Matt Lauer Allegedly Raped NBC News Colleague During Winter Olympics, Ronan Farrow's New Book Claims

Matt Lauer allegedly raped an NBC News colleague in his hotel room during the Winter Olympics in Sochi, investigative journalist Ronan Farrow's new book has claimed.

Brooke Nevils is the former NBC News employee whose complaint about Lauer led to the co-anchor's firing from the Today show in the fall of 2017, Farrow's book Catch and Kill reveals, Variety reported.

When Lauer was ousted, Nevils was kept anonymous by NBC News at her request. The full details of her allegations against Lauer have been revealed for the first time in Farrow's book, which details his investigation into Harvey Weinstein and the obstacles he faced from his then-employer NBC News that led to him taking the Pulitzer Prize-winning story to The New Yorker instead.

Nevils alleges that Lauer, who was married at the time, anally raped her in his hotel room while they were both covering the 2014 Sochi Olympics, according to Variety who obtained a copy of Farrow's book.

On Wednesday, Lauer wrote an open letter, provided to Variety, saying the rape allegation against him is "categorically false, ignores the facts, and defies common sense." Lauer said he and Nevils had an "extramarital affair" that began in Sochi and continued when they returned to New York.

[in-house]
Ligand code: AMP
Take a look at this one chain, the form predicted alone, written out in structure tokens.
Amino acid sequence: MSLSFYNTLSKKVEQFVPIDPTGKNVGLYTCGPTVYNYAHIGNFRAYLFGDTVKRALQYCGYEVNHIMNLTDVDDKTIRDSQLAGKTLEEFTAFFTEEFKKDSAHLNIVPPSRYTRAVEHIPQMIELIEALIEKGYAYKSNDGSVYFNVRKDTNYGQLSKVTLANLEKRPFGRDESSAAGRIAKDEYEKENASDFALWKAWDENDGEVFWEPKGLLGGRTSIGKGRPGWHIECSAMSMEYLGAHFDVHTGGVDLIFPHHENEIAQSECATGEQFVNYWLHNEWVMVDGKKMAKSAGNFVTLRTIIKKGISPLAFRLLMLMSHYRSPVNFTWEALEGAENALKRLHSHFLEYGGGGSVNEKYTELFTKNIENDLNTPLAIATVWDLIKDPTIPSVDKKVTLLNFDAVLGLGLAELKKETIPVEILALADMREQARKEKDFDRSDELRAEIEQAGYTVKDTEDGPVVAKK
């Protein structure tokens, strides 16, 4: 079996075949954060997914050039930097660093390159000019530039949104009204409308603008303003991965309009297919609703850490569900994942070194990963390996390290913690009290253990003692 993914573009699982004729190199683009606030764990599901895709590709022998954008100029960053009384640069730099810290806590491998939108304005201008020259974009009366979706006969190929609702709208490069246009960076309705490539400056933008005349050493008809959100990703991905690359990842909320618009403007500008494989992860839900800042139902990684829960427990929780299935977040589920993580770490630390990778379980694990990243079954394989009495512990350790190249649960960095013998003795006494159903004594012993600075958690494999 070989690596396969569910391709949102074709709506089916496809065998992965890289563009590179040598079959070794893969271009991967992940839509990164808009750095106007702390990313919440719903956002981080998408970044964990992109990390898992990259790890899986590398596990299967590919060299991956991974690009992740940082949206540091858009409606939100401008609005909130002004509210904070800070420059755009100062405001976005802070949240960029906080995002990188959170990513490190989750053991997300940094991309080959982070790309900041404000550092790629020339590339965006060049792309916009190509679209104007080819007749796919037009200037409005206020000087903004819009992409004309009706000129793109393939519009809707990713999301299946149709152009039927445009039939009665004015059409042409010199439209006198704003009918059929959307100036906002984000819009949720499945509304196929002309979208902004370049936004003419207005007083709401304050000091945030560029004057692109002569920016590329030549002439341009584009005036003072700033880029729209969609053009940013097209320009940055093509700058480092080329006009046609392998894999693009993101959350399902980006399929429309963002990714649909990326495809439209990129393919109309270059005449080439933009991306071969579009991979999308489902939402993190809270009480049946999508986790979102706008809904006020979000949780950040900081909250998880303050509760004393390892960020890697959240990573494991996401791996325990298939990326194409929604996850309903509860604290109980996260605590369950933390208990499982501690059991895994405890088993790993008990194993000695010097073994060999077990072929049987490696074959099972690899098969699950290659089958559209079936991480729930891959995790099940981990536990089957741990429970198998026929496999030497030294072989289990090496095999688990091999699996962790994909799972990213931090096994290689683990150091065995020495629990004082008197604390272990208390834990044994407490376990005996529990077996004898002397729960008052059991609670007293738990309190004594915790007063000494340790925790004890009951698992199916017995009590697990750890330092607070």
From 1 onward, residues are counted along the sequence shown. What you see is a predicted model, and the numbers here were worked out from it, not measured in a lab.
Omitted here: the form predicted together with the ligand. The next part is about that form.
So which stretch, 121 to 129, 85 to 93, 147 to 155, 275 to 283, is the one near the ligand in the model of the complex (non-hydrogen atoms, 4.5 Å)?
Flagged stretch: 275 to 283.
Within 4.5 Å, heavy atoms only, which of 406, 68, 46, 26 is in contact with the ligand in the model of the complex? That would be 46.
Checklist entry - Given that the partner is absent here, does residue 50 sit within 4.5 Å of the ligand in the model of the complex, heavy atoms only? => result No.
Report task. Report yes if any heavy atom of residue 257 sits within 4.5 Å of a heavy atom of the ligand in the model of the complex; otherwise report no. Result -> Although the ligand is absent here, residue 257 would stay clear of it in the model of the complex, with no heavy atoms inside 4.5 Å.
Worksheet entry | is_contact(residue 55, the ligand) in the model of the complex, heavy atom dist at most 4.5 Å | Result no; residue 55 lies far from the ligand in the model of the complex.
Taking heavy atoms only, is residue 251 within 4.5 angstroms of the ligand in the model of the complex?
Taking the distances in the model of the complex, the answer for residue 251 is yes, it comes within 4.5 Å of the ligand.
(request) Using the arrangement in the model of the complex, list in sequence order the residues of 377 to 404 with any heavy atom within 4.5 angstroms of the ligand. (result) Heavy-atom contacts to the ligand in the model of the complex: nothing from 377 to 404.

Newsweek has contacted a representative for Lauer for further comment.

In a statement to Newsweek, NBC News said: "Matt Lauer's conduct was appalling, horrific and reprehensible, as we said at the time. That's why he was fired within 24 hours of us first learning of the complaint. Our hearts break again for our colleague."

Nevils said she was assigned to work with former Today co-anchor Meredith Vieira in Sochi. One night she was having drinks with Vieria at the hotel bar where the NBC News team were staying when Lauer joined them. She had six shots of vodka that night, she told Farrow.

Nevils said she went to Lauer's room twice that night. Once to retrieve her press credential, which she says Lauer had taken as a joke, and the second time after Lauer invited her.

She "had no reason to suspect Lauer would be anything but friendly" based on her previous experience, Farrow wrote in the book. But once she was in the room, Nevils claimed that Lauer, wearing a T-shirt and boxers, pushed her against the door and kissed her. He then pushed her onto the bed, flipped her over and asked her "if she liked anal sex."

Nevils said she declined several times—and she "was in the midst of telling him she wasn't interested again when he 'just did it,'" Farrow wrote.

The encounter was "excruciatingly painful" for Nevils, she told Farrow, as Lauer didn't use any lubricant. "It hurt so bad. I remember thinking, Is this normal?" Nevils told Farrow.

Farrow added that Nevils told him she eventually stopped saying no and just "wept silently into a pillow." Afterwards, when Lauer asked her if she liked it, she said yes. But she told Farrow that she "bled for days."

Nevils said to Farrow: "It was nonconsensual in the sense that I was too drunk to consent. It was nonconsensual in that I said, multiple times, that I didn't want to have anal sex."

Matt Lauer